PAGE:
* Source:  ("A Creationist's Defense of the King James Bible" by Dr. Henry Morris, 1996.  Pg. 3-6)*

The New International Version vs. King James Version

   Matthew 9:13  - In NIV:  the words "to repentance" are omitted, making the verse say exactly opposite of what it was intended.  In KJV - "For I am not come to call the righteous, but sinners to repentance."

   Matthew 18:11 - In NIV:  verse is completely omitted (very important verse in my opinion).  In KJV- "For the Son of man is come to save that which was lost."

   Matthew 19:17 -  In NIV:  changed to "Why do you ask me about what is good?"  In the KJV he is not asking about what is good, he is calling Him good.  Jesus used this to make a point "there is none good but one, that is, God"....

   Matthew 25:13 -  In NIV:  The words "wherein the son of man cometh" are omitted from the verse.  In KJV - "Ye know neither the hour wherein the Son of man cometh".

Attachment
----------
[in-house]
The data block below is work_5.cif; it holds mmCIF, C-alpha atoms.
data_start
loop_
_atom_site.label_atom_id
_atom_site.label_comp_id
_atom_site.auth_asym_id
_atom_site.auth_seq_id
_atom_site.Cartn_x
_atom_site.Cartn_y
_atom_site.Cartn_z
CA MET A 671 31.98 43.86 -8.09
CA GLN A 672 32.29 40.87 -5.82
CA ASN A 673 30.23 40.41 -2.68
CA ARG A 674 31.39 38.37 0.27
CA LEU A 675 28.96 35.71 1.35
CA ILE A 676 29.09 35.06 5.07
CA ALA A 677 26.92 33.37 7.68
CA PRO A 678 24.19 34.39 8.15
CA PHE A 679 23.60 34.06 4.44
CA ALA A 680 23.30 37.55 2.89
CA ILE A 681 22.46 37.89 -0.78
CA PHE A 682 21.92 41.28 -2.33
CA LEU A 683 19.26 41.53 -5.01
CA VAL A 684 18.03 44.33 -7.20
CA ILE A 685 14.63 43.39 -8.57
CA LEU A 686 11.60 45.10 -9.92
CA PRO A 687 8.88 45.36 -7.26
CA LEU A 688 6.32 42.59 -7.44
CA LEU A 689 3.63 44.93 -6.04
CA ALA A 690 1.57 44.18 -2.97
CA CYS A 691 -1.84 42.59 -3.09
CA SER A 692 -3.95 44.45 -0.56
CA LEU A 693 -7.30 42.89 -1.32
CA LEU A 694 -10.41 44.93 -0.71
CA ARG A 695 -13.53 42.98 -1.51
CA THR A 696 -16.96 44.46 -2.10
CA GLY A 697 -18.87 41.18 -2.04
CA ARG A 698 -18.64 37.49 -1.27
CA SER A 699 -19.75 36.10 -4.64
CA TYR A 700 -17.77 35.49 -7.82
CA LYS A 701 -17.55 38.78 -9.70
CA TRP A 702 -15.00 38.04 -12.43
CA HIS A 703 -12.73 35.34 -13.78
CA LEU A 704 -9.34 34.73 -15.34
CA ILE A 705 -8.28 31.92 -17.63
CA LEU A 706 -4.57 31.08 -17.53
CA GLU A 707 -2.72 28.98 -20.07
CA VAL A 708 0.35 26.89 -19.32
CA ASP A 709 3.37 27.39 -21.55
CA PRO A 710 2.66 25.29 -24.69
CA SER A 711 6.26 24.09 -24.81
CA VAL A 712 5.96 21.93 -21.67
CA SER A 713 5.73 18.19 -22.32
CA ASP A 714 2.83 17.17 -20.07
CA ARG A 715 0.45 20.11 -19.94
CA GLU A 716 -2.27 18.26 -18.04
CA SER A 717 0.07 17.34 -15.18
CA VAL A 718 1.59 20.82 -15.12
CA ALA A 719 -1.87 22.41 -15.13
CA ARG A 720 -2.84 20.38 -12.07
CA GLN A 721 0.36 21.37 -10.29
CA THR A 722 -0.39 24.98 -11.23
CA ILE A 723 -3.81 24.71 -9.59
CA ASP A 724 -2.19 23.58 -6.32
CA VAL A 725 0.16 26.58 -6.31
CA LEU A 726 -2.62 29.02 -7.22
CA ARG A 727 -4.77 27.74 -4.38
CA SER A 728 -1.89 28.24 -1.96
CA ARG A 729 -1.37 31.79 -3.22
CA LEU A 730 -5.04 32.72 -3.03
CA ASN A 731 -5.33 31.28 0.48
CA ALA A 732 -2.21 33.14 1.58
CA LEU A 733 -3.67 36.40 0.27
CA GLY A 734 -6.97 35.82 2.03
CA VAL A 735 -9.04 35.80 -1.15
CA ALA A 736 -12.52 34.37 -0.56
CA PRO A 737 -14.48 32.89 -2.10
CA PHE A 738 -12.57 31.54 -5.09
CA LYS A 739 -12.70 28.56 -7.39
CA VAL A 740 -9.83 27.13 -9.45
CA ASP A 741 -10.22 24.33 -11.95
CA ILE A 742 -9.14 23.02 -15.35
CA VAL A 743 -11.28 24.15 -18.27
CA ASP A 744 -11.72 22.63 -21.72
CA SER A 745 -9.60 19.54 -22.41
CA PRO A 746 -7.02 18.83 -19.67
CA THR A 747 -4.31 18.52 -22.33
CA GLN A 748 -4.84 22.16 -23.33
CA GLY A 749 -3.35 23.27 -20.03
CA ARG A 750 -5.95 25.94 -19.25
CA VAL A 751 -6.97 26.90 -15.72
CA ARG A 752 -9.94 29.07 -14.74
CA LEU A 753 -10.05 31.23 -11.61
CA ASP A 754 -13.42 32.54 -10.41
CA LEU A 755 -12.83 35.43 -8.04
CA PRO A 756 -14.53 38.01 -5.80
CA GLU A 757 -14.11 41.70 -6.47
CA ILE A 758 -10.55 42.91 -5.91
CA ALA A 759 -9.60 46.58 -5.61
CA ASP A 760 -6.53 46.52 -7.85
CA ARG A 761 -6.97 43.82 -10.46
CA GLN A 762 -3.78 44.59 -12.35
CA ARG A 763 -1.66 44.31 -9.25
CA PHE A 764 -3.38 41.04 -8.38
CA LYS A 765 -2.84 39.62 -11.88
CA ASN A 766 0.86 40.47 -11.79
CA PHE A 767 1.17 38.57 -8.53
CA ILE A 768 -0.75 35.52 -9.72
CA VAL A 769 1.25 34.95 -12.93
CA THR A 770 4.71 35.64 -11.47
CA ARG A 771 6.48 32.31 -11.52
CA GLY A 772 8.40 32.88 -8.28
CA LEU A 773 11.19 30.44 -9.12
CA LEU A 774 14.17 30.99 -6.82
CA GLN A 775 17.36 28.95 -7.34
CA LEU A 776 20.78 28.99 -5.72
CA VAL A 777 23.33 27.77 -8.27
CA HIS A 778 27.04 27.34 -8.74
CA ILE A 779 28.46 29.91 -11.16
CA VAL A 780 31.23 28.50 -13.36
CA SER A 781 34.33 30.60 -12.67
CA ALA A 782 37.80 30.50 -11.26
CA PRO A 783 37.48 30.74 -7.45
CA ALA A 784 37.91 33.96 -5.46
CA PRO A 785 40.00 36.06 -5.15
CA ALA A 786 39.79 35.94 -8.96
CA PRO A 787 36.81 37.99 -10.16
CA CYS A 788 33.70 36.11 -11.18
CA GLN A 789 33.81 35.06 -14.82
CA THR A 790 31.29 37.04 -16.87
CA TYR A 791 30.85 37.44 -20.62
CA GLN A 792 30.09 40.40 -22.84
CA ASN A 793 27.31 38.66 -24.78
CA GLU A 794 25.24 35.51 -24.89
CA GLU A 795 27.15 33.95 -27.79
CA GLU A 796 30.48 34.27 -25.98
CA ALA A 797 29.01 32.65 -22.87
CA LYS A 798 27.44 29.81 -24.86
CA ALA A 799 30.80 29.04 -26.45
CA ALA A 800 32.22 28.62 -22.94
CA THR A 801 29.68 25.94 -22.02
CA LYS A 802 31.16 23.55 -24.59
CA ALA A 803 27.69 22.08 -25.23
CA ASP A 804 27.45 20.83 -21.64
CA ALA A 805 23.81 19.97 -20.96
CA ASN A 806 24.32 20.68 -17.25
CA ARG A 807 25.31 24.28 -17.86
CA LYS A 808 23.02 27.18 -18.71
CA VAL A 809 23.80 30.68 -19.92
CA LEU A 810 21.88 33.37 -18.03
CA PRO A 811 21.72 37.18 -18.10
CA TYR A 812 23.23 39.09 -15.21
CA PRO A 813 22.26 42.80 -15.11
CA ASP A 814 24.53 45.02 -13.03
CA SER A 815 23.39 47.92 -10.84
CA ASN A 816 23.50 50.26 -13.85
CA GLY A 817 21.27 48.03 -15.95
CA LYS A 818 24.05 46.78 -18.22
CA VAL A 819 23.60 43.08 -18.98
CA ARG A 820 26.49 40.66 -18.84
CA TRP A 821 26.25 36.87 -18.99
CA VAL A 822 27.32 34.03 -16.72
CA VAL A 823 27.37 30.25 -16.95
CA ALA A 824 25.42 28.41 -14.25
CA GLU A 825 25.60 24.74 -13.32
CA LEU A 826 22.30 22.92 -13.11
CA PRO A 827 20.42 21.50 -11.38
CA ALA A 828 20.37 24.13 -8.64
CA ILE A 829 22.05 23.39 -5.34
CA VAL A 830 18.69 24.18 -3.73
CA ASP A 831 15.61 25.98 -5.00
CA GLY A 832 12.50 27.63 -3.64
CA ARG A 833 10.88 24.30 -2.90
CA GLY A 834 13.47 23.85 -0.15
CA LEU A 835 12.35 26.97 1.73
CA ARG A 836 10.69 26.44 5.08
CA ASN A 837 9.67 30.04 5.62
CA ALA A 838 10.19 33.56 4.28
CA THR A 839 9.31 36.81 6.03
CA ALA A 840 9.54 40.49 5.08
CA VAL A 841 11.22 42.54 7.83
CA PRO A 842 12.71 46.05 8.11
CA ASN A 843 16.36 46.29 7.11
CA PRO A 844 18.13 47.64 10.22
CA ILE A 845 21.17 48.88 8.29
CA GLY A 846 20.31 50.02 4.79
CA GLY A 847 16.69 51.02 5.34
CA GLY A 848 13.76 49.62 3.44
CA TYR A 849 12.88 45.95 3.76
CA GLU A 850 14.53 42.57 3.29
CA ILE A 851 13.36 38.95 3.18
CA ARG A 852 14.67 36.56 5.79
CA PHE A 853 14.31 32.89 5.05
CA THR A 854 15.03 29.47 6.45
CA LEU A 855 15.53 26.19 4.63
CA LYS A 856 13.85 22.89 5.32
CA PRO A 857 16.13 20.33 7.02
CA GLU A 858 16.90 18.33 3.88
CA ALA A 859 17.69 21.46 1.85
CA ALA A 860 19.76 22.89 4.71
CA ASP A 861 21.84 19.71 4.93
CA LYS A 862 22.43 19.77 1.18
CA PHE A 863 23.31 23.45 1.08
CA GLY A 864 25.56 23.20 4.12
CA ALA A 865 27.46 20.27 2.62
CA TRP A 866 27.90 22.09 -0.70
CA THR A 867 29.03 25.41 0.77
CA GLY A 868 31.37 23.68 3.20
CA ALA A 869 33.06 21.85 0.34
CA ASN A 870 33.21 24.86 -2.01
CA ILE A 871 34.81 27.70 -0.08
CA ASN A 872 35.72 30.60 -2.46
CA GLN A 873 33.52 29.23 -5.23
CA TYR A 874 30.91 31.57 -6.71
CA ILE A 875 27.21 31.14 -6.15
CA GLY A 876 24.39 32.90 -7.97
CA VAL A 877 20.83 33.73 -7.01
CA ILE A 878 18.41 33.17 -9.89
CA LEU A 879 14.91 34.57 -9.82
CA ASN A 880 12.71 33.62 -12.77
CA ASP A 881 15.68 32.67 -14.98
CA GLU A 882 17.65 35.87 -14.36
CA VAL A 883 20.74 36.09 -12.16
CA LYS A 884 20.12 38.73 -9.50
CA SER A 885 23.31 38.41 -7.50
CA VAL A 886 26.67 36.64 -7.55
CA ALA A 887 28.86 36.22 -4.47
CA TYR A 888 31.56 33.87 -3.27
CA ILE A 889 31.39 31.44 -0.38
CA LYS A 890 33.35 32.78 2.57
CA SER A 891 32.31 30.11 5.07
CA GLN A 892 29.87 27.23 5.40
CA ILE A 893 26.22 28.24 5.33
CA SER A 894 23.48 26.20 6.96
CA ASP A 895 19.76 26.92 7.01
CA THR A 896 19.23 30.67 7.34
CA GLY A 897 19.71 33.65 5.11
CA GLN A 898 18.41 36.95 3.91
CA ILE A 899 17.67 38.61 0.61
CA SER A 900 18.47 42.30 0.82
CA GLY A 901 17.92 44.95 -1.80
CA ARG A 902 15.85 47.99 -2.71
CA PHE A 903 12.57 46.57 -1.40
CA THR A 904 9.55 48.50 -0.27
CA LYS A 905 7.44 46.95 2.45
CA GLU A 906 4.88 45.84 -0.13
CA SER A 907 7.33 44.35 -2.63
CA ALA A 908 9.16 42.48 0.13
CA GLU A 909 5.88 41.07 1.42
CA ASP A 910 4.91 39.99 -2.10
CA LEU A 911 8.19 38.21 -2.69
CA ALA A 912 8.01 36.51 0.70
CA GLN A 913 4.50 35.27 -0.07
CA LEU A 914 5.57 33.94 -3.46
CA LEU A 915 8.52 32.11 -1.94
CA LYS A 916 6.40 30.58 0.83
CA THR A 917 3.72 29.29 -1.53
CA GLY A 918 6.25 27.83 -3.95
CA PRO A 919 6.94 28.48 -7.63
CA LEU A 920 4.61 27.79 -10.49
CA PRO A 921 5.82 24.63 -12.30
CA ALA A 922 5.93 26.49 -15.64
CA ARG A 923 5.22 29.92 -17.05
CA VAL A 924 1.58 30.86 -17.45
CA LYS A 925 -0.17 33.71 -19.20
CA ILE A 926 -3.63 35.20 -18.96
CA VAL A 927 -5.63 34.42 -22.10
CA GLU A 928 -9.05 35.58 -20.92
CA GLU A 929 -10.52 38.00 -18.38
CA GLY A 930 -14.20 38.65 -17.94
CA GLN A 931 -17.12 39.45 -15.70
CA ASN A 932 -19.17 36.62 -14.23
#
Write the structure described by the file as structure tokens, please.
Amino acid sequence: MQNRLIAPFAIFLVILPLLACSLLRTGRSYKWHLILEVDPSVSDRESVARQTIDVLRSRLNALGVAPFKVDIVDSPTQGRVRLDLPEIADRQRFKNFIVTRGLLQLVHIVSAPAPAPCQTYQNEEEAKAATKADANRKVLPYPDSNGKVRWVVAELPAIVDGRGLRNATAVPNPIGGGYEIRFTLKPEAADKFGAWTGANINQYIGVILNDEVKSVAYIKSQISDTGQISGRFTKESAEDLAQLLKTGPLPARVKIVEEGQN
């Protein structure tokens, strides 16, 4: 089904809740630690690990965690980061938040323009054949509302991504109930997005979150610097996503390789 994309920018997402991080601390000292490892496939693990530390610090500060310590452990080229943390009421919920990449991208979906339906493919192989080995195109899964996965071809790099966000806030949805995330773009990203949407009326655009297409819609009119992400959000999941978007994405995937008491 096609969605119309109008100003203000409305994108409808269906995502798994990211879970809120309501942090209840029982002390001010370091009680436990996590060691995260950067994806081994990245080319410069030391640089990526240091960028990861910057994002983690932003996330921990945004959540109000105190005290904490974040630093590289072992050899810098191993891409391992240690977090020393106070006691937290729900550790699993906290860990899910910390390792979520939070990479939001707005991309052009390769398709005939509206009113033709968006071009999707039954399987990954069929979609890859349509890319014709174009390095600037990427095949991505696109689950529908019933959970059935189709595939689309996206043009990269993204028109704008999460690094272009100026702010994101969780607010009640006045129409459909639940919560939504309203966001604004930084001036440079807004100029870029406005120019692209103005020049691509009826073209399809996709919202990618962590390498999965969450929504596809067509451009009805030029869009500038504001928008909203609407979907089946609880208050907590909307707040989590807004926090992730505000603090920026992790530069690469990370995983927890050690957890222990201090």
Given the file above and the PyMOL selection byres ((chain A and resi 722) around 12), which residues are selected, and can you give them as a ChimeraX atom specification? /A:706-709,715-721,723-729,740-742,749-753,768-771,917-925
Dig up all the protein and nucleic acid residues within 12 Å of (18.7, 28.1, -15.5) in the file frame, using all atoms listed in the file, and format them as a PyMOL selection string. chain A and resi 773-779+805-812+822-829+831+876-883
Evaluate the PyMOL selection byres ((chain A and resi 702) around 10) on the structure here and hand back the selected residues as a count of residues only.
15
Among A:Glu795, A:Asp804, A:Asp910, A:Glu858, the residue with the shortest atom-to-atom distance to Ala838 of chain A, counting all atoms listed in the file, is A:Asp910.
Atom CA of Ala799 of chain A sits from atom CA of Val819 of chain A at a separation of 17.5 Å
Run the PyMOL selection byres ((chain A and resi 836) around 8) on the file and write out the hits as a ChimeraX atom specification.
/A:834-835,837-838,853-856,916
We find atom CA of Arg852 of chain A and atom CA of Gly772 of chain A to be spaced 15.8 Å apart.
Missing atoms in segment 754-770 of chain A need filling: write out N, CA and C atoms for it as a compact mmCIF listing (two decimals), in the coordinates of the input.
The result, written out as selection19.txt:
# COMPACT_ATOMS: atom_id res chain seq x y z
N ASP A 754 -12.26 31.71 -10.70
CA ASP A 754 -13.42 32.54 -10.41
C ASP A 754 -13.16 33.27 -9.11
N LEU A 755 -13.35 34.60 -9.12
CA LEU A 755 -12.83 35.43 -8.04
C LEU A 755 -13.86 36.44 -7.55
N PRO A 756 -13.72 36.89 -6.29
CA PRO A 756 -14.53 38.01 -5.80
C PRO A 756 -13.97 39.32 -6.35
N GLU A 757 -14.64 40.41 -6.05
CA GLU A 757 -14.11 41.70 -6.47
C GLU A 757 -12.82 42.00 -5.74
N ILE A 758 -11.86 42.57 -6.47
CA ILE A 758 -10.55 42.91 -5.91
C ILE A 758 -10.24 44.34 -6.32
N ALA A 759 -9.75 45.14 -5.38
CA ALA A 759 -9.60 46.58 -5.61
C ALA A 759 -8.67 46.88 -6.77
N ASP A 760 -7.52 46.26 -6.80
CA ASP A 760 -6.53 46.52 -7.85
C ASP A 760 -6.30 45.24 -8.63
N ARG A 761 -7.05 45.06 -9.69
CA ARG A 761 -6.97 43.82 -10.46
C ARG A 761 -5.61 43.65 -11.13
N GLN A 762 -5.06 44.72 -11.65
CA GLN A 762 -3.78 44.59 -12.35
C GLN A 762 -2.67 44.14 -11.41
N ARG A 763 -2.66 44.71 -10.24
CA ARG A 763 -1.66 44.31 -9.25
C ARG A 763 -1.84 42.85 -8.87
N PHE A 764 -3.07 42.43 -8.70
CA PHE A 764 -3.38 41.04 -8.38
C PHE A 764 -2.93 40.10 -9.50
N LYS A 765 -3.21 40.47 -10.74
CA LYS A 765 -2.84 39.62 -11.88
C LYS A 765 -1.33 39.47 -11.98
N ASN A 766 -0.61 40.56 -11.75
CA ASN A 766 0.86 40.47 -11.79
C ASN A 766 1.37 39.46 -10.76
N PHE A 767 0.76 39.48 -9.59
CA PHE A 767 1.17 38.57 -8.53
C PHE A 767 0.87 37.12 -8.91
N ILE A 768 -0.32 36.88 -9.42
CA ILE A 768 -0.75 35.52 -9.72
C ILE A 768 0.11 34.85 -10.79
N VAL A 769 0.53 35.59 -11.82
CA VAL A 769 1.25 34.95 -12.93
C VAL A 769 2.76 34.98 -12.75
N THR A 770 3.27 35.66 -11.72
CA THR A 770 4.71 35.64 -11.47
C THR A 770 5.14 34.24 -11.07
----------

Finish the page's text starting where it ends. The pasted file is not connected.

Mark 10:24 - In NIV:  the words "for them that trust in riches" is omitted, making the verse say something different from the original.  In KJV- "how hard it is for them that trust in riches to enter into the kingdom of God!"

   Luke 2:33 -  In NIV:  Joseph is omitted from being Jesus's Dad.  In KJV - "and Joseph and his mother....."

   Luke 4:4 - In NIV:  "but by every word of God" is omitted.  In KJV - "Man shall not live by bread alone, but by every word of God."

   Luke 4:8 - In NIV:  verse is completely omitted. In KJV - "Get thee behind me, Satan" (I don't know about you, but I have a serious problem with a Bible that is too ashamed to admit or wants to mislead you about Jesus comanding Satan to leave)

   John 6:47 -  In NIV:  "on me" is omitted.  In KJV - "He that believeth on me hath everlasting life".